McLeod, also 26, in his first year with the Eagles after signing as a free agent from the Rams, has built a career on hustle, after going undrafted out of Virginia. But video of the Bengals' first touchdown Sunday seemed damning; running back Jeremy Hill came right at McLeod, scoring from the 2 without the safety taking a step toward him, from where McLeod stood in the end zone.
McLeod reiterated what defensive coordinator Jim Schwartz told reporters Tuesday, that McLeod's responsibility on the play was outside and he was caught flatfooted when the run went up the middle. Schwartz said he would "put my name on" McLeod any day. McLeod is the Eagles' leading tackler this season, with 89.
"It definitely hurts. I know what type of player I am. I'm going to take pride in that. I feel like effort, hard work and all the things that got me where I am today, that's what my game is kind of built on," McLeod said. "When somebody questions or has doubt in that, it does hurt. But nothing I can do. Just continue to put good stuff on tape, which I feel like I have done and continue to ride for my teammates and my brothers."
Asked what he could have done differently, McLeod said he "probably could have pressed the line of scrimmage a little more . . . but it could bounce (outside), it could do anything."
McLeod said that on film, the Bengals usually ran that play to the left.
"It came out the back door and I was kind of just a little late," he said.
Pederson said Wednesday that player response to what he said has "been great."
"They're players and they understand" Pederson's perspective as a 14-year NFL quarterback, he said.
On Ertz, Pederson agreed that the block wouldn't have been a factor in Wentz's run.
"Obviously, Zach has taken a lot of heat for it, but, at the same time, he understands that those plays will come up again, and he knows he needs to make one," Pederson said.
Ertz said that he didn't think the episode merited a sit-down with the coach, that they are in accord.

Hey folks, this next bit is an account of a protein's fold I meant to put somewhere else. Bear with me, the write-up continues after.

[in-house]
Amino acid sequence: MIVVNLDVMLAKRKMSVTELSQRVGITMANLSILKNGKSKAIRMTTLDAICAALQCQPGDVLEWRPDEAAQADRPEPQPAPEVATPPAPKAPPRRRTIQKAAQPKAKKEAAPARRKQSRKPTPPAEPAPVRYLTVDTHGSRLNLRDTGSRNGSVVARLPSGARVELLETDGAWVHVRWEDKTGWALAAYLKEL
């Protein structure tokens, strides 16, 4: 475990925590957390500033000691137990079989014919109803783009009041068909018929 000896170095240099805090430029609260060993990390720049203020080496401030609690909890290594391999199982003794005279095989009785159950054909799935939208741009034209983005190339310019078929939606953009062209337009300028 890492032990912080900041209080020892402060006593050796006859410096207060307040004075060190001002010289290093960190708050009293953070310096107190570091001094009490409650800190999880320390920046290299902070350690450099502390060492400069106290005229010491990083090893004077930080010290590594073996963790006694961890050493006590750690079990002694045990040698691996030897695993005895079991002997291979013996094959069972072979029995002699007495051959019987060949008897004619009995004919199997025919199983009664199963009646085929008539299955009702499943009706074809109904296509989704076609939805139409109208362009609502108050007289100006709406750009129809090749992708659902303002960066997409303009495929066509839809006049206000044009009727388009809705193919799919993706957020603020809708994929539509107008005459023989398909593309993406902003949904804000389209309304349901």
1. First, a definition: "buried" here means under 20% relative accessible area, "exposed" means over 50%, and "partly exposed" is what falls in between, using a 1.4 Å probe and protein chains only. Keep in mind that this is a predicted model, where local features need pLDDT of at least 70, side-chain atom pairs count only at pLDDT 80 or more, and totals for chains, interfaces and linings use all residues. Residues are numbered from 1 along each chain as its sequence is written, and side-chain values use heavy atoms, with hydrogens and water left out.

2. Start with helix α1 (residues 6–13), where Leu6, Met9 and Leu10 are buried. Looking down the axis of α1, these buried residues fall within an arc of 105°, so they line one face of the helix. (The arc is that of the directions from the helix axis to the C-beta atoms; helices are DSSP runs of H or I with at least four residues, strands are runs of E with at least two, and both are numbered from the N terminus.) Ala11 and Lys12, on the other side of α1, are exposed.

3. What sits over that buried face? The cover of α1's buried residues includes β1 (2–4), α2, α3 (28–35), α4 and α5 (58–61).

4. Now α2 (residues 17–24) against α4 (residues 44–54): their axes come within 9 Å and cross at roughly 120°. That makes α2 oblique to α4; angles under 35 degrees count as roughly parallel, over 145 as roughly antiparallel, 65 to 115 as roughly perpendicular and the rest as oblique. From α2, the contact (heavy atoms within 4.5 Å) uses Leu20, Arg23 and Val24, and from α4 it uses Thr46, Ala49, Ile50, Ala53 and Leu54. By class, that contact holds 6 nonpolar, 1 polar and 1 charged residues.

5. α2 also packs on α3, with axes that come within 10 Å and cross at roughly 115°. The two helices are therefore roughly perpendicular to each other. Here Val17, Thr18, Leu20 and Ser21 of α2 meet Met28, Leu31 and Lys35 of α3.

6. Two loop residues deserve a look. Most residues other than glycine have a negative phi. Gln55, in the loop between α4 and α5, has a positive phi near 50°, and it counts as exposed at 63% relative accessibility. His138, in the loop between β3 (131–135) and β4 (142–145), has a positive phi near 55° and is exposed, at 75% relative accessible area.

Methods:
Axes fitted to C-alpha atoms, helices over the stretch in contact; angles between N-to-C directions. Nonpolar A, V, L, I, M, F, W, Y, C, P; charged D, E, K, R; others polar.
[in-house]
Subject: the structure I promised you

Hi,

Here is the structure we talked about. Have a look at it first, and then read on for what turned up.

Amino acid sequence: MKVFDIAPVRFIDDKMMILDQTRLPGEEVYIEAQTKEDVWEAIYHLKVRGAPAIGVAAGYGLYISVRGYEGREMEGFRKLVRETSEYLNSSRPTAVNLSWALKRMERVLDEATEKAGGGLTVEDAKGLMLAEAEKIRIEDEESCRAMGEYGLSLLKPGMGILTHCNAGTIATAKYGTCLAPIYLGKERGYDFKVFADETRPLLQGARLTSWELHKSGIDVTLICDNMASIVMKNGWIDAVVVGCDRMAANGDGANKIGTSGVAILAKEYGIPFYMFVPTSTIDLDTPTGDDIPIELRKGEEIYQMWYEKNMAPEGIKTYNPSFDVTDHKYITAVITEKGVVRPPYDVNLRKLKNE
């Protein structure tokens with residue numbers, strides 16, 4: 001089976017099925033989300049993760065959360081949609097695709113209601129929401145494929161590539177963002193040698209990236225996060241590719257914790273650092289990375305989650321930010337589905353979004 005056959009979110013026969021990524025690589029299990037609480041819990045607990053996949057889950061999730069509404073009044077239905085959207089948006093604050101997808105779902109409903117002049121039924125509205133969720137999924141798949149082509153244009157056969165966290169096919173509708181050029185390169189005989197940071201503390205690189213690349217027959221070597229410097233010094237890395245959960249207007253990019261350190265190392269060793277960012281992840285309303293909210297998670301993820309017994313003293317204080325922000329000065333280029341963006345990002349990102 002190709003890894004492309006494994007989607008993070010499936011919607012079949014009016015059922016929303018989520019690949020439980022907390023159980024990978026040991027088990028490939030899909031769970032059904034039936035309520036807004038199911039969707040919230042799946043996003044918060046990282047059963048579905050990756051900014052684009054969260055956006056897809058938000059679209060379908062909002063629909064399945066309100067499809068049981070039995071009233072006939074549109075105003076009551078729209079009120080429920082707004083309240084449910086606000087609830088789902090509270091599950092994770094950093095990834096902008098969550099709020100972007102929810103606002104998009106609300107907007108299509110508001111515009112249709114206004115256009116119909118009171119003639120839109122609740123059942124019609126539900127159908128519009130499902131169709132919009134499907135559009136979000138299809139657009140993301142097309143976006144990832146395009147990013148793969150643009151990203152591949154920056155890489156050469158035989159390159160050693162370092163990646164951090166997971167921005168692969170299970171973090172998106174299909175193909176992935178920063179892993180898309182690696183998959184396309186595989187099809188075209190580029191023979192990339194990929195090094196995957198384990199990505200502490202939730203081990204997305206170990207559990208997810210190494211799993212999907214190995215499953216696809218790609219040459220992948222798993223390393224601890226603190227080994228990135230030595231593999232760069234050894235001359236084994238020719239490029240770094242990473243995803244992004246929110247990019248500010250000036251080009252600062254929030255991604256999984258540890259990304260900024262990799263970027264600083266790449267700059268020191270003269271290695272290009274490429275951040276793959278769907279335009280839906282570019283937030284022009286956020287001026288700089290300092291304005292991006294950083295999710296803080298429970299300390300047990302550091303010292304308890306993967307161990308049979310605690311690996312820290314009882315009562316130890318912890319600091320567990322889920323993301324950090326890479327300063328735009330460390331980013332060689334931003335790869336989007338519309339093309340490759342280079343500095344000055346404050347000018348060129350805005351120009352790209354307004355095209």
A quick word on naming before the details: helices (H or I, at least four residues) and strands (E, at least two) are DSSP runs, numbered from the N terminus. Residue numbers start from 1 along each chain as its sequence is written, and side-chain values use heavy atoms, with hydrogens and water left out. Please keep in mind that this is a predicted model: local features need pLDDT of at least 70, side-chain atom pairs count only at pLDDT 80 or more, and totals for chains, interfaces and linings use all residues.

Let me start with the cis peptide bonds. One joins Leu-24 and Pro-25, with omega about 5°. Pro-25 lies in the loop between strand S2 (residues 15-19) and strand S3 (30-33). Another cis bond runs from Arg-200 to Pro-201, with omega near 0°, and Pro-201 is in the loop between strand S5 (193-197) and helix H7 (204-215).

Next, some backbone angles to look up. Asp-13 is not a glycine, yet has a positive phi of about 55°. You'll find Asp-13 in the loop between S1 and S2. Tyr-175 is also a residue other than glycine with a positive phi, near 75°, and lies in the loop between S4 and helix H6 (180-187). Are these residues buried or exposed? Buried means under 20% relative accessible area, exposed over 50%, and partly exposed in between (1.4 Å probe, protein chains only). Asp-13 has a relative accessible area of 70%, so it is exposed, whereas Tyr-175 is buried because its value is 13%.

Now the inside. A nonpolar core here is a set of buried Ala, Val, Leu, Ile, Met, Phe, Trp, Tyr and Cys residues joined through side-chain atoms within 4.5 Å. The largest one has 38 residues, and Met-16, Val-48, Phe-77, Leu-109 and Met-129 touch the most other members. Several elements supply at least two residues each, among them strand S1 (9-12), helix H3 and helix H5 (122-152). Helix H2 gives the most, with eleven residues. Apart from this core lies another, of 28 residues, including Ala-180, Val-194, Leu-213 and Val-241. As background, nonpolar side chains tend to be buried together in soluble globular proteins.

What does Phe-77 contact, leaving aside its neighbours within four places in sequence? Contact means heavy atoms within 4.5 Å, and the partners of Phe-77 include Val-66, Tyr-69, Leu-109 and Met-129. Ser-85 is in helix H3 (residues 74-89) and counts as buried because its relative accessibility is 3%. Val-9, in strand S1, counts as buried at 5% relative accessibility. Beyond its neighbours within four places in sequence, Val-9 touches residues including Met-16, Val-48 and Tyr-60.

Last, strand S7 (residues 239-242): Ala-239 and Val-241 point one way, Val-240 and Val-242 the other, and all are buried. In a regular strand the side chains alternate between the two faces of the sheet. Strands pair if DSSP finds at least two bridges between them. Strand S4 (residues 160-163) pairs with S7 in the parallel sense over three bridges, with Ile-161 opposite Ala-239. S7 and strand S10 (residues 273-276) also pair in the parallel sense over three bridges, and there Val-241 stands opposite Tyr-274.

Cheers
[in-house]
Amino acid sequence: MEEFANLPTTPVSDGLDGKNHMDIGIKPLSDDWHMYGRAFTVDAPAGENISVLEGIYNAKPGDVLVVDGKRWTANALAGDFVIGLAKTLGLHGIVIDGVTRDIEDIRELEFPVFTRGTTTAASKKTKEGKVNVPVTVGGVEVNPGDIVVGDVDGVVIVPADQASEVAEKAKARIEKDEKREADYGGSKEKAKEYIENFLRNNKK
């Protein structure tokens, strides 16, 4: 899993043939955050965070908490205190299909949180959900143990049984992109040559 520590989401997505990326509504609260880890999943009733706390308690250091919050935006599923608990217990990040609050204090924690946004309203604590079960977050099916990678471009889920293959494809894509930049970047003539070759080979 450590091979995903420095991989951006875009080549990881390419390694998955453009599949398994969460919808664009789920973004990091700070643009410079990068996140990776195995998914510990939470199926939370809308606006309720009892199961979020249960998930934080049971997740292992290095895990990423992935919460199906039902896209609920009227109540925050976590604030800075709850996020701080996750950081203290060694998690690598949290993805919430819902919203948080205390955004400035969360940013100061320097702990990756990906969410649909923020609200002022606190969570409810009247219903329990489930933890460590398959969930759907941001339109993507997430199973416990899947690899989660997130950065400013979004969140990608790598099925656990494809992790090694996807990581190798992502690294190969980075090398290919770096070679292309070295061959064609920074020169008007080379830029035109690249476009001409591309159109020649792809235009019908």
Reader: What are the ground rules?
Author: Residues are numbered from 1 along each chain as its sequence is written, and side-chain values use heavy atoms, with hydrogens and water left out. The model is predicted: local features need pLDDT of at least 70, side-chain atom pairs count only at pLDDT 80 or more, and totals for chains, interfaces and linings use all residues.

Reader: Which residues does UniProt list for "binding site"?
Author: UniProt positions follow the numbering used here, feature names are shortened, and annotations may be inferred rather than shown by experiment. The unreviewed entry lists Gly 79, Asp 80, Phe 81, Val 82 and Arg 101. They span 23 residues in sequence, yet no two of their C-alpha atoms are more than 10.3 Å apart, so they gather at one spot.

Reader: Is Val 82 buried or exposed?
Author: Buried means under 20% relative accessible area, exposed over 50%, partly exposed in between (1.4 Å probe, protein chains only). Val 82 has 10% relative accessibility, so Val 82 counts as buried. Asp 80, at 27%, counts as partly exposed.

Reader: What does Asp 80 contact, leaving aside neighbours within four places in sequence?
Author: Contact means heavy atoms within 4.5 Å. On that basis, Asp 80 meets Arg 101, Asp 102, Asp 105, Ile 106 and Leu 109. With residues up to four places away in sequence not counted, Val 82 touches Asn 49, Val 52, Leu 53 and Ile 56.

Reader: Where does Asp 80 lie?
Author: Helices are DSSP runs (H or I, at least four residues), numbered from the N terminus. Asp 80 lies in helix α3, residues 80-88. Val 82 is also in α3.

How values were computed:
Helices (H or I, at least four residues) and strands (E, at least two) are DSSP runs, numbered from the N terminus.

"I know that I've completely bought, 100 percent, into coach Pederson," Ertz said. "I know that whatever he says, I'm going to do without question, because I respect the type of coach and person he is, and I know I love playing for him. I know a lot of guys love playing for coach Pederson. We know he has our back in each and every situation."
When a coach says something like that, Ertz said, "You look in the mirror . . . Evaluate yourself in those situations, see if you're giving that effort each and every play, each and every game . . . I think guys are going to respond really well to it."
Schwartz, a more veteran coach and a more polished public speaker than Pederson, drew a distinction between effort and energy, when Schwartz spoke Tuesday. McLeod seemed to take that interpretation of Pederson.
"He explained himself, what he meant, in regards to effort, doing those extra things needed to get us to that next step," McLeod said. "We're just searching for anything right now to give us a spark and an edge, to get out of this slump. I don't think he was questioning anybody's effort, or that guys aren't giving it their all each and every play, just that there are little things we can do a little better to help us win."